The COVID-19 pandemic has changed the lives of Australians more quickly and comprehensively than any other event in living memory.
The crisis is forcing us into isolation and making us focus on what is really important – our families, friends and communities. People are turning to their furry friends for comfort and company: the RSPCA recently reported a 35 per cent jump in animal adoptions across NSW. And at liquor stores, beer is the new toilet paper.
The crisis is also driving an appetite for accurate information, so it’s not surprising that we have seen a huge increase in television viewing ﬁgures across all demographics, across the country, and across all programming genres, particularly for news.
Free-to-air TV broadcasters are acutely aware of their important community role in providing universal and trusted services, particularly in times of crisis.
But the commercial networks have long been struggling under the burden of regulations crafted in the previous century which make it increasingly difﬁcult and costly to fulﬁl this critical role. Instead of concentrating on providing more of the programs that audiences demand, they are locked into servicing quota obligations which have become increasingly unsustainable.
This is not a new issue – the industry has been calling for change for over a decade. But the impact of COVID-19 on advertising and program production has seen local content quotas move from unsustainable to unattainable in just two weeks.
The community’s increased reliance on free TV is clear from the viewing ﬁgures. Around 15 million Australians tuned into something on commercial television in the past week. Average audiences on primary commercial television channels have grown by 24 per cent since mid-February. The growth has been even more stark in news, with audiences growing 41 per cent.
The viewing spike is particularly noticeable in news consumption by viewers under the age of 55. Their numbers have grown by around 60 per cent as younger people join the family around the telly to watch the news.
As Australians cut household budgets, there is one line item that won’t change, and that is the zero cost of free TV.
The reason for this surge isn’t just because people are conﬁned to home and able to watch, although that is a big factor. It also reﬂects the trust which audiences have in commercial television news, and the fact that it is free and universally available. In regional areas, people are tuning in for a local perspective on the crisis.
When corona news fatigue sets in, free TV is there to connect our community with shared entertainment experiences. The recent Married at First Sight, MKR, Australian Survivor: All Stars and Dancing With the Stars grand ﬁnals were huge hits. More Australians are beginning their day with commercial television, with breakfast and morning shows all showing strong audience growth, in some cases up to 76 per cent.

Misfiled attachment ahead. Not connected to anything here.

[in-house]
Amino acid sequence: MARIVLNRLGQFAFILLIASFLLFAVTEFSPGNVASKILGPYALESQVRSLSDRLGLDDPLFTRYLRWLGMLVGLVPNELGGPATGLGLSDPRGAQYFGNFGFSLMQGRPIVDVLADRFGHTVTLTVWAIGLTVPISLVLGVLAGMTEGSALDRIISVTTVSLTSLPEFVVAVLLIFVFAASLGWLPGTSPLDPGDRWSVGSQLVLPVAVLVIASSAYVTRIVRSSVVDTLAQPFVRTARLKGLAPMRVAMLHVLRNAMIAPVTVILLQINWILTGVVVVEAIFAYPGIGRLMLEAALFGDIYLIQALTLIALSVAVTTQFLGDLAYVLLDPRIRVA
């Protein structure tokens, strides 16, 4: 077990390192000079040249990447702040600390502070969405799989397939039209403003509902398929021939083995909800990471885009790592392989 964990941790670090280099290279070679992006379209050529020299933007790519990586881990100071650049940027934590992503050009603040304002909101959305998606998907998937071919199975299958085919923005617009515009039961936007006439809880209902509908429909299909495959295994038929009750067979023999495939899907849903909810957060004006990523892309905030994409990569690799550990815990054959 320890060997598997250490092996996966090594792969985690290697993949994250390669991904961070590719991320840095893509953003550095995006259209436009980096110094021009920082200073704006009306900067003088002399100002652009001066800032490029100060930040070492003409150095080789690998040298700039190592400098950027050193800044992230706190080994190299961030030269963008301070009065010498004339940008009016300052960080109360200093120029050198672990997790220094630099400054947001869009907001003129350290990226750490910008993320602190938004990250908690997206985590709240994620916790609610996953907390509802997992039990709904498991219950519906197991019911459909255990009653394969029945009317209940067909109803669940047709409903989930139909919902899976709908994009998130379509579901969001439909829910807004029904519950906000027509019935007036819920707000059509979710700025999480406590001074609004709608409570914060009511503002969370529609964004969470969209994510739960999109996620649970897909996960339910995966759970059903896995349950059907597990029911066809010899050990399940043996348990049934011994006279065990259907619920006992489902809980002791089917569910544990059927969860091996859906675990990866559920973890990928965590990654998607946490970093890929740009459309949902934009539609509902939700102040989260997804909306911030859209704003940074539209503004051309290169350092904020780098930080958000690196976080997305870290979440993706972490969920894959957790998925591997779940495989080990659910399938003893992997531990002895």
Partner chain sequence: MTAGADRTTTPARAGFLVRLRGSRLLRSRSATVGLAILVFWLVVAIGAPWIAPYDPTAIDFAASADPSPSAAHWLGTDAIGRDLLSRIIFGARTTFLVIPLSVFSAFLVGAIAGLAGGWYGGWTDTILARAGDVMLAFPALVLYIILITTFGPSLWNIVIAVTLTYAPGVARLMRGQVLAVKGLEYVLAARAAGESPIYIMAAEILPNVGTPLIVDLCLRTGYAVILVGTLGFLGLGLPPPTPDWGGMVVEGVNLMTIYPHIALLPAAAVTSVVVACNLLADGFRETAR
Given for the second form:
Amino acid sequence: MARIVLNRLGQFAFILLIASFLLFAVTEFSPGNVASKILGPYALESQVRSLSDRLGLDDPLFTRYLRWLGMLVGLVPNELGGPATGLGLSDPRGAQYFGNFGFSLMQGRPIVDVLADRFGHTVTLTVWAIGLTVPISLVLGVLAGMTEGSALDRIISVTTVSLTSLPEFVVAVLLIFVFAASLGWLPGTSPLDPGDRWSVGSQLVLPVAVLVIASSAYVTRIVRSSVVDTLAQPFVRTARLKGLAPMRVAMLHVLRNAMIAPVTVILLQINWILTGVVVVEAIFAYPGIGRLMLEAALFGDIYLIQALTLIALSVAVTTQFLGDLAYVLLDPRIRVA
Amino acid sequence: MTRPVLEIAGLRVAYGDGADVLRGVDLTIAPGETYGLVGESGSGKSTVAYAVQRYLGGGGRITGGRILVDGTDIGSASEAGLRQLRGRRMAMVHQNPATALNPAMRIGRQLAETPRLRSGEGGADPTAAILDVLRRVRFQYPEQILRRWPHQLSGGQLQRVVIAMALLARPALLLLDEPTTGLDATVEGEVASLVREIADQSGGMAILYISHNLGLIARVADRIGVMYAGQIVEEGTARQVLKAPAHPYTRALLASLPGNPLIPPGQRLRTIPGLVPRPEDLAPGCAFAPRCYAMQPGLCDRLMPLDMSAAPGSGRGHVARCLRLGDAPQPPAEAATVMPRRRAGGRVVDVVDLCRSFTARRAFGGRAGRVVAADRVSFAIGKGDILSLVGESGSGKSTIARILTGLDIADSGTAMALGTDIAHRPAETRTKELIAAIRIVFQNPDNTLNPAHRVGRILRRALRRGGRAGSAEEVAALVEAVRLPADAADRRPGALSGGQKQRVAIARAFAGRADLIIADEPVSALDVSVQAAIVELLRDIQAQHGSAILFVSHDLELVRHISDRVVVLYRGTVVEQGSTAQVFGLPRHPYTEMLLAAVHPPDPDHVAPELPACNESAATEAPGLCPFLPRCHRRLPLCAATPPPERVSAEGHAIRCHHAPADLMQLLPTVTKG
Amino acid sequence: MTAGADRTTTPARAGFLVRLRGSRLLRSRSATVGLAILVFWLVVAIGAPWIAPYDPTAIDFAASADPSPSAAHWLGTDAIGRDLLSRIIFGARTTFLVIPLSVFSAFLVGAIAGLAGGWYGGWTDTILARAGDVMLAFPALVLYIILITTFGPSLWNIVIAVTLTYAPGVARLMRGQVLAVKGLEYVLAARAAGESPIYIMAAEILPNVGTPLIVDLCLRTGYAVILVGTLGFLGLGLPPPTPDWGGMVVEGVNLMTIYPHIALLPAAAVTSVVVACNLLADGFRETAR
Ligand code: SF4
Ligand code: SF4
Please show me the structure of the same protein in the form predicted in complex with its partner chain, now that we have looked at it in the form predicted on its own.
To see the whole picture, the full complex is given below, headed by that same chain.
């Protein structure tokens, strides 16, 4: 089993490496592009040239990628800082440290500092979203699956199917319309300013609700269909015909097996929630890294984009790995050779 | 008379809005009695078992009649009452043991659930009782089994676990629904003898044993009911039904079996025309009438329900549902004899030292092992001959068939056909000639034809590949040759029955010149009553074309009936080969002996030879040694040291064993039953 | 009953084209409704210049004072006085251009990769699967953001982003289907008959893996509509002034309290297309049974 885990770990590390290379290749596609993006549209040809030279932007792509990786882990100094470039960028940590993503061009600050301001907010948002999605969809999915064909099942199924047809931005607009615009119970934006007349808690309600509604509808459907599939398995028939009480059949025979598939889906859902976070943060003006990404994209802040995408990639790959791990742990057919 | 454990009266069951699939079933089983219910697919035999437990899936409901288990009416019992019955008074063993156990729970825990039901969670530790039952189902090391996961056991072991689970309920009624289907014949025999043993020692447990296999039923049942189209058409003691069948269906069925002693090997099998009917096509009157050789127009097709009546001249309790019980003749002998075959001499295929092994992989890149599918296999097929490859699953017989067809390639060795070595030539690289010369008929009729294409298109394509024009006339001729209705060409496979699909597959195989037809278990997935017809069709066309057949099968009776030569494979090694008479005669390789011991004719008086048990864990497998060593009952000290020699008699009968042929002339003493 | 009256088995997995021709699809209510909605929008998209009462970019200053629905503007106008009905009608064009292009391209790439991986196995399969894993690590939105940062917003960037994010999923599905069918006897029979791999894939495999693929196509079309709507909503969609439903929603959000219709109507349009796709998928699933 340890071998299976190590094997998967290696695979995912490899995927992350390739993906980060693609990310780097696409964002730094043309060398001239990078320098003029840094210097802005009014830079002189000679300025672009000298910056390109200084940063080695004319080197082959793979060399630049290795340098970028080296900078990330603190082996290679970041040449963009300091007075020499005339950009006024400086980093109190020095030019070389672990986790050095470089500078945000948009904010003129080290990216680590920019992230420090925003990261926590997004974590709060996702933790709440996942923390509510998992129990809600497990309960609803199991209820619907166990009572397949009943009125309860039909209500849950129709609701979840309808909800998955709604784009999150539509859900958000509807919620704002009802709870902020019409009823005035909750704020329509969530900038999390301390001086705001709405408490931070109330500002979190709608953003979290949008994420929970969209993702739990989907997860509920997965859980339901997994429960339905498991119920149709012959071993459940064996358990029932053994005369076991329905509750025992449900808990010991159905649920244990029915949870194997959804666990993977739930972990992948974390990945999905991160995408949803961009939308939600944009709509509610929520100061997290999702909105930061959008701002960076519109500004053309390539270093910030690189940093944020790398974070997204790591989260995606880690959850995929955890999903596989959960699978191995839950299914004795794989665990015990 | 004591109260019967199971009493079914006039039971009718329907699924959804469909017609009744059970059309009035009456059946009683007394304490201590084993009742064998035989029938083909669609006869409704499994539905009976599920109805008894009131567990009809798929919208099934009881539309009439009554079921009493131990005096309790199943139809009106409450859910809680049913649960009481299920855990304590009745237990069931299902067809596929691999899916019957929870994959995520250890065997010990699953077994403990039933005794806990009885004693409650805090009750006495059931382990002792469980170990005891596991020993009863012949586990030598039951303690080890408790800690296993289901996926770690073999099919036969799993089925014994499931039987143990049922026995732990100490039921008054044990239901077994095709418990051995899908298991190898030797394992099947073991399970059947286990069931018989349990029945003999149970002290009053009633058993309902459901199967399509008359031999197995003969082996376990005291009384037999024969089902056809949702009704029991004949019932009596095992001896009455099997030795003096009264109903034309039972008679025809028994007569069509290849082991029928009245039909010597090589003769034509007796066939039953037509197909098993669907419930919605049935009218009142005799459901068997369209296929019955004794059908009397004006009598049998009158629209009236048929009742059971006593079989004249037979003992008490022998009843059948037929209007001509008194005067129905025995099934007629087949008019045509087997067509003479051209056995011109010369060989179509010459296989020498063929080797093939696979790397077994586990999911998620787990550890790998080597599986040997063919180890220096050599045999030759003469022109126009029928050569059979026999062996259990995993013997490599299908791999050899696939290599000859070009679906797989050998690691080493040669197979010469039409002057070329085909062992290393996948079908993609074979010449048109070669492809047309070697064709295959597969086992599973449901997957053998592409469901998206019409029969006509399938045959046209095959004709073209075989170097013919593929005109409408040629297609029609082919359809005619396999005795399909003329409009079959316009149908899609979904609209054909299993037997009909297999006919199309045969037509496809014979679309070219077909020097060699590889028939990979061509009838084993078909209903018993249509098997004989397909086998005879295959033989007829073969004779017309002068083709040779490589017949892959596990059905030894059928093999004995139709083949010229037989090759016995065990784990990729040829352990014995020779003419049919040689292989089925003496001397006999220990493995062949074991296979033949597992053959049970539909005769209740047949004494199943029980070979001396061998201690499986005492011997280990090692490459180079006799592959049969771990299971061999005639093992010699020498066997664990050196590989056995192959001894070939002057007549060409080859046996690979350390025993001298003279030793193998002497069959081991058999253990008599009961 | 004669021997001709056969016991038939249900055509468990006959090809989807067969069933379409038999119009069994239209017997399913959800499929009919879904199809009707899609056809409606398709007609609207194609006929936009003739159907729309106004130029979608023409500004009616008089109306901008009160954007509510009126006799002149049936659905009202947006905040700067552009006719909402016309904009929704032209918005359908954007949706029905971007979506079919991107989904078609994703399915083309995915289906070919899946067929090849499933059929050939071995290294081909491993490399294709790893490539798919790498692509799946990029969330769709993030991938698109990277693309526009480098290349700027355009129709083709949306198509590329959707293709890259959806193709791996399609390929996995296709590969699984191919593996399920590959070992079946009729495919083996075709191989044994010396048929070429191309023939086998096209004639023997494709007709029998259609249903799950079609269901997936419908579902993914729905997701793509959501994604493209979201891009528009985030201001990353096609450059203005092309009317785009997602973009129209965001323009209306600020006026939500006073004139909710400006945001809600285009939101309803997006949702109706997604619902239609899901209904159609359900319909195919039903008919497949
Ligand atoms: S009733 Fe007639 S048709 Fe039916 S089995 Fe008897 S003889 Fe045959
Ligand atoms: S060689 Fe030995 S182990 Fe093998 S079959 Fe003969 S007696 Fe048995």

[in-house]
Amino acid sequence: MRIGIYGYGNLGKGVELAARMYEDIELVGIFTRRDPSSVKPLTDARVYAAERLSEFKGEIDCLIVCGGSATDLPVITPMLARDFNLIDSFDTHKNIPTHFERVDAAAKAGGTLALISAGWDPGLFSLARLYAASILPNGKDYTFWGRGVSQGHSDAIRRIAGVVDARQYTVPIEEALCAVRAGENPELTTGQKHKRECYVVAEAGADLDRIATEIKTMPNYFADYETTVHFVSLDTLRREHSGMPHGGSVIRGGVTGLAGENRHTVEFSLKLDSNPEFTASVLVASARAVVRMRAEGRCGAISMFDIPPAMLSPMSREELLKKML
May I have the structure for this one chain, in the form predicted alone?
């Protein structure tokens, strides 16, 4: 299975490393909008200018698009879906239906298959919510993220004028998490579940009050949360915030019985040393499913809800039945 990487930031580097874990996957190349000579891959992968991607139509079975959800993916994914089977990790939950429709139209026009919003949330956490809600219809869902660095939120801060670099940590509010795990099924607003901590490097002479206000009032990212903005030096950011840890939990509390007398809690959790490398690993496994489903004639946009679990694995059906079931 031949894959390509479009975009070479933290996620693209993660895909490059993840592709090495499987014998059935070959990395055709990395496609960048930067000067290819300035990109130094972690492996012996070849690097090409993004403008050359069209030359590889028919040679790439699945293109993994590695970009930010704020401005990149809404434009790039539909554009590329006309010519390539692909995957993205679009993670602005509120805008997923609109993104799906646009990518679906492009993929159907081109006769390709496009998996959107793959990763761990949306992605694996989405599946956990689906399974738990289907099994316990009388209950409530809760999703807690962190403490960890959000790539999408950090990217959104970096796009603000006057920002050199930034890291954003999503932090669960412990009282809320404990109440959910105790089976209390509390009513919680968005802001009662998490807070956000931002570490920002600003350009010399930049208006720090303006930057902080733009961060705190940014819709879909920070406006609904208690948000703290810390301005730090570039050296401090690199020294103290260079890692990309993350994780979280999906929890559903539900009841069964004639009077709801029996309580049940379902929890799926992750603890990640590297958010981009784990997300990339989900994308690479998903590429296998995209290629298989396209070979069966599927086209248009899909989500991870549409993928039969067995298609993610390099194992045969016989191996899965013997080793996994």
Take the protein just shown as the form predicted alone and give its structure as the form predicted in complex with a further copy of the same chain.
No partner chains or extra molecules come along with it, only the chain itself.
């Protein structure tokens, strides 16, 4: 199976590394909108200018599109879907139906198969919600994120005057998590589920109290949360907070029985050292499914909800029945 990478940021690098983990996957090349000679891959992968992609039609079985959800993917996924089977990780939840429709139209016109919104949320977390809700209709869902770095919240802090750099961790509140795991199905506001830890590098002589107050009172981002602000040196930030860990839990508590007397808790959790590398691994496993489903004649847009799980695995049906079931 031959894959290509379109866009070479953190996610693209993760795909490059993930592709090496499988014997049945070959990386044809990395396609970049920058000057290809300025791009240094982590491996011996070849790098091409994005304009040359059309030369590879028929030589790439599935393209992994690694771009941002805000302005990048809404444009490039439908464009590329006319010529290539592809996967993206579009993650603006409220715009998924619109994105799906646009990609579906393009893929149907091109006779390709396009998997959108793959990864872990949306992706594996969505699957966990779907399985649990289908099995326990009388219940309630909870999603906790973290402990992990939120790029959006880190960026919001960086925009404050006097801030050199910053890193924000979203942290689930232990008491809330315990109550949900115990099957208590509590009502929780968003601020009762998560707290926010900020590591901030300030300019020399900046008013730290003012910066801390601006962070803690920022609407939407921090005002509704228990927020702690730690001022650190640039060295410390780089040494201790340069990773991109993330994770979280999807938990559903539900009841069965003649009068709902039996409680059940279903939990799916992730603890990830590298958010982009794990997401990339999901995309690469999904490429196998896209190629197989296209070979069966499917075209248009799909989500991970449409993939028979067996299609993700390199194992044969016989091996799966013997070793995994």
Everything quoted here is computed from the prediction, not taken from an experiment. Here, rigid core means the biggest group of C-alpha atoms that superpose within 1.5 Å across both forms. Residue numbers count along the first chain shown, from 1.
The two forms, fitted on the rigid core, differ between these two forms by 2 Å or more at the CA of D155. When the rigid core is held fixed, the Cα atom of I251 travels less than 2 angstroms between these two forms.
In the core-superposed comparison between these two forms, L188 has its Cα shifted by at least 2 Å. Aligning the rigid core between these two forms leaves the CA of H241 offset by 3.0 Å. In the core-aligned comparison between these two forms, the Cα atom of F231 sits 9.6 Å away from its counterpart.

Normally this would be a bonanza for free TV broadcasters, but unfortunately this rise in audiences is unlikely to be rewarded by increased advertising revenue.
In the normal course of things, revenue could be expected to follow audience. There are great opportunities for brands to speak and government to reach highly engaged audiences, but the large number of Australian businesses entering “hibernation” means a devastating slide in advertising spend.
With subscription services Netﬂix, Amazon and Apple limiting the streaming quality of their content to reduce the strain on communications networks, and a telecommunications CEO asking Australians to moderate their internet usage to bolster the performance of the NBN, free TV’s dedicated broadcast network is delivering a reliable 24/7 service.
As hundreds of thousands of households lose income, every dollar counts. Australians are reassessing their budgets to see what they can afford in the midst of this health and economic crisis. As they do this, there is one line item that won’t change, and that is the zero-dollar cost of free TV.
For many years now, the free TV broadcasters have been asking the government to work with us to develop a new regulatory framework suitable for a world where broadcasters must compete with online content providers and digital platforms. In the COVID-19 crisis, the most immediate issue is to recognise that commercial networks will be unable to meet their Australian quota obligations while there is no sport being broadcast and very little local drama or reality TV being produced.
Payment of overpriced spectrum fees should also be removed to assist with urgent cash-ﬂow pressures.
But it is equally important that whenever the situation does begin to improve, the regulatory context provides certainty for the future. What we need more than ever is a forward-facing regulatory environment to deliver sustainability for free TV broadcasters, who still account for the lion’s share of spending on ﬁlm and television production in this country.
This will go a long way towards securing the future of the content producers who rely on us to commission their programs.